I was a little disappointed with this book. I chose it more for the witch and less of the Houdini, but you don’t see much of “The Witch of Lime Street” until about halfway through the book. The first part is buildup and context that isn’t really needed. If you are a Houdini fan, then this book is for you. I was more so hoping he would just be a supporting character in the story — one to draw people in and frame the story. But no. He is the majority of the story.
I did like all the quotes from The New York Times and the like from the time period, and the pictures. But the book is so heavily male oriented. As I guess all things were back then. I was more interested in the seances and the witch, a Canadian Woman named Mina Crandon–known as Margery. Her wikipedia page is not as good as the book, though, so if you want to know more about her, which I did, then you should read through this book.
The story points out that Houdini “was seen by many occultists as the Antichrist to Spiritualism.” I never realized his story involved such great lengths to disprove this type of “magic,” when it seemed he tried to appear magical himself? I didn’t really/still don’t know much about Houdini–though I like the legend/idea of him and find magicians charming (though their history very sexist; the book doesn’t go to any lengths to address this sexism–why women did the seances and men did the magic tricks–like I had hoped). I wish a book like this had been written by a female. Maybe the focus would have been different. Perhaps there is a book out there like that and I’m just too lazy to look for it. In the book she is called “the medium” a great deal instead of her name or stage name being used. Houdini is given his name, as well as all the other men. She is dehumanized. Even now, as someone who (kind of) tricked Houdini, she is not treated as his equal.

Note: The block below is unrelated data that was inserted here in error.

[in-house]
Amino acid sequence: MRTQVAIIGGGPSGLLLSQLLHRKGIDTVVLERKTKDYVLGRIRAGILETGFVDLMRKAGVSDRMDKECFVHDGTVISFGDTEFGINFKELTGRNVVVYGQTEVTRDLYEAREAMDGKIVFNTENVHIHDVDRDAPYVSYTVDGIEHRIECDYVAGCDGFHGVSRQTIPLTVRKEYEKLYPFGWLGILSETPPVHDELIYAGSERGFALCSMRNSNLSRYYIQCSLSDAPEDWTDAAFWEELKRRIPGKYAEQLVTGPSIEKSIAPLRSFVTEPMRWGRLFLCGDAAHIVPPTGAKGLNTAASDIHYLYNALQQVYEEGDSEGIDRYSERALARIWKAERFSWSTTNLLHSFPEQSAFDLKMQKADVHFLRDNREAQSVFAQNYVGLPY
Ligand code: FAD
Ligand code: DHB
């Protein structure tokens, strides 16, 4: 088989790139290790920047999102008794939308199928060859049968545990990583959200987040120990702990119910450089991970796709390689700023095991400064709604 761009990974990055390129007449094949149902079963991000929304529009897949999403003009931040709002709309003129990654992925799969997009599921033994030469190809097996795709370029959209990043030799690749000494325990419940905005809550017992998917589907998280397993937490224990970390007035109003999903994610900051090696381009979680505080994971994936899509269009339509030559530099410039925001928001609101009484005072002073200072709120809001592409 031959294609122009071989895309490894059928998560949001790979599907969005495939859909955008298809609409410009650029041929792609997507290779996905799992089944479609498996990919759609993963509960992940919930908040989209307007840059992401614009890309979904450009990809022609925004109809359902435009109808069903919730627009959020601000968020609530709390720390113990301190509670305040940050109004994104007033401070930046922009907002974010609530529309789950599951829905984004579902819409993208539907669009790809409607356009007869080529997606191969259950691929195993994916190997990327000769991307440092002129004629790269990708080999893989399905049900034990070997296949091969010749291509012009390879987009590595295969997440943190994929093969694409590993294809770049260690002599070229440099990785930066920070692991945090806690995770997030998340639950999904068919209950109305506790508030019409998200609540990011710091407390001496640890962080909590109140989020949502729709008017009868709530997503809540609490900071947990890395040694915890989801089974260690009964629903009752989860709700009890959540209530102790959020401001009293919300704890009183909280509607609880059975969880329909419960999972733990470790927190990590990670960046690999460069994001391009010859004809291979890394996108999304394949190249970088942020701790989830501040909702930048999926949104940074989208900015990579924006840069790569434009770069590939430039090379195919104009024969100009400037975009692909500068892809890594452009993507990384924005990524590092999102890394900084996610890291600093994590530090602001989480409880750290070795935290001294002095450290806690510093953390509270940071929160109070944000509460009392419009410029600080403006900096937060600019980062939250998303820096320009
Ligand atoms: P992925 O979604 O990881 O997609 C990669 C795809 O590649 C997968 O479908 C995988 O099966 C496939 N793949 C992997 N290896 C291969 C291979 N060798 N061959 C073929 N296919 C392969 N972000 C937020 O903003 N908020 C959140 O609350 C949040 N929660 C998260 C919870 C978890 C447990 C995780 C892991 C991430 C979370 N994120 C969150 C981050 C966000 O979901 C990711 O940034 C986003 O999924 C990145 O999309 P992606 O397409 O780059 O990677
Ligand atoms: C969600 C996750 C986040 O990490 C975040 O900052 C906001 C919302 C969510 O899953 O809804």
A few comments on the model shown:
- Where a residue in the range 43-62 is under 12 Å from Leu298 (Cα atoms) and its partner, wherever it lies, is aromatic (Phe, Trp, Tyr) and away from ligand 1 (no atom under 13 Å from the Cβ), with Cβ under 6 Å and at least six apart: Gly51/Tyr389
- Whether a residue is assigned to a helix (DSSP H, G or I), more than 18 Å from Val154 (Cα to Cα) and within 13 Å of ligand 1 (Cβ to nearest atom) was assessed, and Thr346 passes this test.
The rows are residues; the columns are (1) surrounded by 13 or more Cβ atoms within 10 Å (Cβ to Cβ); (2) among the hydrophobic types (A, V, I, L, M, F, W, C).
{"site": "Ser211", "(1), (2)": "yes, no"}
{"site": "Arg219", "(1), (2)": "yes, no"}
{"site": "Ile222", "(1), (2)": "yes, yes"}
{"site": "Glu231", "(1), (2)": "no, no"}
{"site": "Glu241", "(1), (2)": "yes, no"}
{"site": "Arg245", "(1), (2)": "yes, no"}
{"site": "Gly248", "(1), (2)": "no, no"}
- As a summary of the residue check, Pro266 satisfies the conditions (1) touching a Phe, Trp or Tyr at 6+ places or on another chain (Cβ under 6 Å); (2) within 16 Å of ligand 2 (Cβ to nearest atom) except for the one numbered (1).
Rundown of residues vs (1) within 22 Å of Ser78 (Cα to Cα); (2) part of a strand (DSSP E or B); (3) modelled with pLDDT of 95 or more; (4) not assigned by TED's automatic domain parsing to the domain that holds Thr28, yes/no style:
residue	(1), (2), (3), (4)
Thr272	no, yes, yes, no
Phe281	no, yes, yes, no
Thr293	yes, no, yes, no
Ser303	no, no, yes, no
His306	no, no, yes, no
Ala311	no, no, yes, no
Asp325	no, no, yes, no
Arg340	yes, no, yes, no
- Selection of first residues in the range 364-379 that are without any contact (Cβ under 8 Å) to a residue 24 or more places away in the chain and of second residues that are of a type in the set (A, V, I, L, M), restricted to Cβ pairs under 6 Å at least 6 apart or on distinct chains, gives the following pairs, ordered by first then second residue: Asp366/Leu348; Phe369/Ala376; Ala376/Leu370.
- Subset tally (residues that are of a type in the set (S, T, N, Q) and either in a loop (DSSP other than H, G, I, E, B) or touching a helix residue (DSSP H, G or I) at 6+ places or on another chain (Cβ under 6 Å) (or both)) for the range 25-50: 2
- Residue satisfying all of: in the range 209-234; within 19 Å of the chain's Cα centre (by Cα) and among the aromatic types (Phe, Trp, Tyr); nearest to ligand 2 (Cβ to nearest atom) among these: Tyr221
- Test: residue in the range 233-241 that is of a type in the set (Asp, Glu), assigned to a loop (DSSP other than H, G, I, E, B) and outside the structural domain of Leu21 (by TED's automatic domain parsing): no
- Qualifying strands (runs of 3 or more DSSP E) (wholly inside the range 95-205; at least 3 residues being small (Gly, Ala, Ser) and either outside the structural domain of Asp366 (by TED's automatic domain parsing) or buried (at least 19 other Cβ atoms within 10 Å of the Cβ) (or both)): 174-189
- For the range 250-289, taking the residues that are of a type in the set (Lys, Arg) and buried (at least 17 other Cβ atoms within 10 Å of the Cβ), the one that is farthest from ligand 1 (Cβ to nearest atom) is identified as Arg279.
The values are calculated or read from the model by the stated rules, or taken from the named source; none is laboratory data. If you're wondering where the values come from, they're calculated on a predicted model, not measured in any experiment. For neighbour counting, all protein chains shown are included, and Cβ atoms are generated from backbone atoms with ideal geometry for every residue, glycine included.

Also, this book is ridiculously long. 400-ish pages. It’s more textbook than general interest.
I received this book from the Blogging for Books program in exchange for this review.